As Israel moves closer to applying sovereignty in the Jordan Valley and parts of Judea and Samaria, Israeli Prime Minister Benjamin Netanyahu met with Defense Minister Benny Gantz and Foreign Minister Gabi Ashkenazi on Sunday evening to discuss the Trump administration’s outline for peace. The two former IDF chiefs of staff presented a united position on the matter, saying the sovereignty initiative must be implemented in such a way as to garner broad consensus within Israel, as well as international support, and must not harm diplomatic relations with Jordan and Egypt.

Prior to his discussion with Gantz and Ashkenazi, Netanyahu met with representatives of 12 Judea and Samaria localities. Also in attendance was Knesset Speaker Yariv Levin. The settler leaders arrived with a message of support for the Trump plan and the sovereignty initiative Netanyahu is spearheading. Among the settlement leaders in attendance were the mayors of Ariel and Modi’in Illit, and the heads of the regional councils of Efrat, Oranit, Alfei Menashe, Karnei Shomron, Emmanuel and others.

The mayors and regional council heads, who represent around a quarter of a million Israeli residents of Judea and Samaria, lent Netanyahu their support and voiced their confidence that he would secure a good plan for Israel and the settlement enterprise. They noted that the Trump plan includes components that just a few short years ago were considered fanciful, chief among them sovereignty.

The settlement leaders also denounced Yesha Council leader David Elhayani’s recent comments calling the Trump plan a “scam,” saying the U.S. president’s vision for peace was unprecedentedly favorable to Israel.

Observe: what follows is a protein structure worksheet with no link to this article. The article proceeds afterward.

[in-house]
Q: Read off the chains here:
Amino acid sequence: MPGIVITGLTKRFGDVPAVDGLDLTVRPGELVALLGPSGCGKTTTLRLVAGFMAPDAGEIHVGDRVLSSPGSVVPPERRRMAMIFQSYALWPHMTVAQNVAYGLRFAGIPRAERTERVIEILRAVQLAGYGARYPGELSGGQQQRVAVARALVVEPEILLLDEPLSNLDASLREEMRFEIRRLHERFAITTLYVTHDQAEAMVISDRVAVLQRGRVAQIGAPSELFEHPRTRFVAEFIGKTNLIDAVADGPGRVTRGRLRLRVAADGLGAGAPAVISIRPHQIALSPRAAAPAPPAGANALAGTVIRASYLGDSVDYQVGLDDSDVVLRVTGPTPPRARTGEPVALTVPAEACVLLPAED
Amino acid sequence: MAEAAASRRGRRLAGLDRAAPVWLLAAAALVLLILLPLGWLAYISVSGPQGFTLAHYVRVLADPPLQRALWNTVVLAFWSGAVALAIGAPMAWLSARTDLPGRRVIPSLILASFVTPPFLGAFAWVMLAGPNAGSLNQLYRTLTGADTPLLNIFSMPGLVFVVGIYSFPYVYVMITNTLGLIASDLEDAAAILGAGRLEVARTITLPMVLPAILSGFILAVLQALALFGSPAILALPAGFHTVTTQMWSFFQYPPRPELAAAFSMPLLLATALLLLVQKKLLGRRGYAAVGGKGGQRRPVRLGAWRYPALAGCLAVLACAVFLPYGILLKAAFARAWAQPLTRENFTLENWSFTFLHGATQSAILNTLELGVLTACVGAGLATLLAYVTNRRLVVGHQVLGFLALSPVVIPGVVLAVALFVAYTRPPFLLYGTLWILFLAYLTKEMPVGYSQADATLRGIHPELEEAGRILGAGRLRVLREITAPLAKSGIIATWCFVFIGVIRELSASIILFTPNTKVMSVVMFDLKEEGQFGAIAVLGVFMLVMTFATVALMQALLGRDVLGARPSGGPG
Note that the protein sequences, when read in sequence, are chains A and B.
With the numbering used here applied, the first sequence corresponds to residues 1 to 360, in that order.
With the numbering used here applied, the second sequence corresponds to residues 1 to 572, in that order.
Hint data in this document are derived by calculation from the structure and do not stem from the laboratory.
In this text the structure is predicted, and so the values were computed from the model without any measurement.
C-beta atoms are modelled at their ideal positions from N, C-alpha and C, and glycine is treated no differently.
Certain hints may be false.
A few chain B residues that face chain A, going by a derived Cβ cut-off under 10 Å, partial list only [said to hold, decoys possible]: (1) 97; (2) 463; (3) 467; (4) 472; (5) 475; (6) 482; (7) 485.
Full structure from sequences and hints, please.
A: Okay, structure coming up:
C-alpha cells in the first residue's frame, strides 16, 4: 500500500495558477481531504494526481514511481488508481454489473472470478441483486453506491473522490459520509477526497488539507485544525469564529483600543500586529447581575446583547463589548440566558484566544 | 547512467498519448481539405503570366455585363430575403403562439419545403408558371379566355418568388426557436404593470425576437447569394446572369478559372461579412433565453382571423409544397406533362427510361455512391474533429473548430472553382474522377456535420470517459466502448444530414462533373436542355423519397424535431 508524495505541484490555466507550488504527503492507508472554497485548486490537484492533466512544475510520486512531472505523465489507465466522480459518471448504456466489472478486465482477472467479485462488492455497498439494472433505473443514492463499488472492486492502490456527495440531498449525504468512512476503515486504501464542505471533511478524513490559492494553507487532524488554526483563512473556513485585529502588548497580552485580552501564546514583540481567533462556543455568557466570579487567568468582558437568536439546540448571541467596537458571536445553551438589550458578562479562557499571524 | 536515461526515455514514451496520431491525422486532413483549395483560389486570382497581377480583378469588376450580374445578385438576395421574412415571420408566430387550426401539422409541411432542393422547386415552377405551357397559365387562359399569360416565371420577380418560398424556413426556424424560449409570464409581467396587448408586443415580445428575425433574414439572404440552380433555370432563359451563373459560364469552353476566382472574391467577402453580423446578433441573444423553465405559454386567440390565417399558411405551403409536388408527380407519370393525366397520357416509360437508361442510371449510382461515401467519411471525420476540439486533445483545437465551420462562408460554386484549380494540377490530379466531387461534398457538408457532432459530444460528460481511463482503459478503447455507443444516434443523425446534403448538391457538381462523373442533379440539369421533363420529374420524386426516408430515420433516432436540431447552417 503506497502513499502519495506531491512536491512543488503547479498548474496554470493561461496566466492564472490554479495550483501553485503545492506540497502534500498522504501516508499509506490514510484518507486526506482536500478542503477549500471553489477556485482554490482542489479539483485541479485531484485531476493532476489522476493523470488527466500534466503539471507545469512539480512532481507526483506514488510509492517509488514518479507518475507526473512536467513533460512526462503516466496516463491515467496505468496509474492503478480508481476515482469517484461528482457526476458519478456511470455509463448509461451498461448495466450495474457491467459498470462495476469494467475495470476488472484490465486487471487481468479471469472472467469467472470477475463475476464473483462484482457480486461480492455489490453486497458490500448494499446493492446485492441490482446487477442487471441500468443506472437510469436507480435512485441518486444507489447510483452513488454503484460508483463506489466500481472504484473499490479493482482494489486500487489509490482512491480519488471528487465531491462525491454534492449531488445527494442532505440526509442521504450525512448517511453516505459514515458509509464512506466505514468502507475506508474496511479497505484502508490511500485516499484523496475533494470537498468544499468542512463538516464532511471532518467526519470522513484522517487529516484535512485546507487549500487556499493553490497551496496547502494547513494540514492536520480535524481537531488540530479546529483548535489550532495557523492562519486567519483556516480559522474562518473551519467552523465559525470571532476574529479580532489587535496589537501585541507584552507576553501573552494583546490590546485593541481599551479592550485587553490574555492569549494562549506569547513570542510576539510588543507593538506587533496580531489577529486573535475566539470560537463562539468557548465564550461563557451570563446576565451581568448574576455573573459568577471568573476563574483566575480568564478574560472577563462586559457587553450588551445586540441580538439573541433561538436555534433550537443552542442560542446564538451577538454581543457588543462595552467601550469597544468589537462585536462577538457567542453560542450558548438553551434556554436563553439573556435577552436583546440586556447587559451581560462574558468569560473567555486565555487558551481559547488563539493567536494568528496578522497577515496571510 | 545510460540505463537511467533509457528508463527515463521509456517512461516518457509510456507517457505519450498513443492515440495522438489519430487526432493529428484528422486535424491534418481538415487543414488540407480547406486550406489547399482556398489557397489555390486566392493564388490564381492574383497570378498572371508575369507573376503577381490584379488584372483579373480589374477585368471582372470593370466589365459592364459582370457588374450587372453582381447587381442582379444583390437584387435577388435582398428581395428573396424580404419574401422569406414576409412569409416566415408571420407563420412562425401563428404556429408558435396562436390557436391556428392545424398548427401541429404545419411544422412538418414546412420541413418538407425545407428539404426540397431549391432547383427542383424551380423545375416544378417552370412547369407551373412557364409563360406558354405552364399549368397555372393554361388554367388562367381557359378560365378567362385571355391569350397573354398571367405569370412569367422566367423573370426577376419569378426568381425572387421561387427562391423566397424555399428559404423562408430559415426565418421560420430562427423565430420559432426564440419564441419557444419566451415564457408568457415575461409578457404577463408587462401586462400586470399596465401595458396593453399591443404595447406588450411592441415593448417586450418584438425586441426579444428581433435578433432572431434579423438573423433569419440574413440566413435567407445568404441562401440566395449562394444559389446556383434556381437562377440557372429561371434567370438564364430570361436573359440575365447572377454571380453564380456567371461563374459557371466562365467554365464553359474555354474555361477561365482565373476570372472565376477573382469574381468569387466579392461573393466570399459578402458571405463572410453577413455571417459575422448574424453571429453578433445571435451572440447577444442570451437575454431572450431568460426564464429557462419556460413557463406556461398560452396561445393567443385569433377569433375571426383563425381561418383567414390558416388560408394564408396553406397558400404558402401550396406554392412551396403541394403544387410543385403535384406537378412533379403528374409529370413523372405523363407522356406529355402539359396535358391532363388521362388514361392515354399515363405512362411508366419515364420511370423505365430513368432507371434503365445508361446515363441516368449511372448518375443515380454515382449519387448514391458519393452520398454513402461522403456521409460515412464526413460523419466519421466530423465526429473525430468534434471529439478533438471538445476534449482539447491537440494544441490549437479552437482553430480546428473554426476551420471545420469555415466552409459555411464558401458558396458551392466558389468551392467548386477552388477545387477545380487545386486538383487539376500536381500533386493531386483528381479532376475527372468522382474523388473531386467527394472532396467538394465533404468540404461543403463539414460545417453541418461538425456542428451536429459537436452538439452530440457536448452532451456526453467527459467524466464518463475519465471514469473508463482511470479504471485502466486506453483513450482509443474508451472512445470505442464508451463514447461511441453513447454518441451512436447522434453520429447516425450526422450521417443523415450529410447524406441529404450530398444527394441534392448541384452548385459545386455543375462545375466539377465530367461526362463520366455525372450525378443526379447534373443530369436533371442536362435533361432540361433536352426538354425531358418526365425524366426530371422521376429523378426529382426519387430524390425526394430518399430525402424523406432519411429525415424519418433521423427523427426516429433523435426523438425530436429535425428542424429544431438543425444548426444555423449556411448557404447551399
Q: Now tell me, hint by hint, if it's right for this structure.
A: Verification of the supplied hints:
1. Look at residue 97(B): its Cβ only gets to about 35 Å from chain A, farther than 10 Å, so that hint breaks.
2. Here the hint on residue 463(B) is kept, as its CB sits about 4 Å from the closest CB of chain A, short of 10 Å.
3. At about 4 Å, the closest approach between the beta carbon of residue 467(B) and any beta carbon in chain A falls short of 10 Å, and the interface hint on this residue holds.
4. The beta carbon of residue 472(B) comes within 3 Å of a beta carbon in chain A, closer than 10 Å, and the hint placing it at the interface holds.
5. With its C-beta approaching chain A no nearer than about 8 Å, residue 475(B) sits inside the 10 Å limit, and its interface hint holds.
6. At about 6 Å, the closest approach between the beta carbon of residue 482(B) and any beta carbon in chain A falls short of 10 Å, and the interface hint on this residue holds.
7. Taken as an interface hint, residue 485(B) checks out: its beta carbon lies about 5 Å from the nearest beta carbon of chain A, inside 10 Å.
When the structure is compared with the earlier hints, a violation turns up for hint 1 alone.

“Representatives of the U.S. government are [attempting to] sell Plan A under the guise of Plan B. There is no greater scam than this,” said Elhayani, claiming that Washington was trying to use its support for sovereignty to force Israel to agree to the creation of a Palestinian state.

Pinhas Wallerstein, among the founding fathers of the settlement enterprise in Judea and Samaria and a former director of the Yesha Council, who was also at the meeting, said he was shaking with excitement over the prospect of Israeli sovereignty in Judea and Samaria.

Elkana Mayor Assaf Mintzer said prior to the meeting: “We believe that the offer available to us at the moment won’t be the final say on the future borders of the State of Israel and that those advising the prime minister on the matter will be able to receive a more favorable offer. We can’t allow ourselves to miss the opportunity to apply sovereignty in the coming months. We’ve been dreaming of sovereignty over the Jordan Valley, Ma’ale Adumim and Gush Etzion, and when we’re about to receive 30 percent [of Judea and Samaria] with the rest up for negotiation, we need to grab it with both hands.”

Mintzer told Israel Hayom that he and his colleagues had expressed their contempt over Elhayani’s comments against Trump and Netanyahu.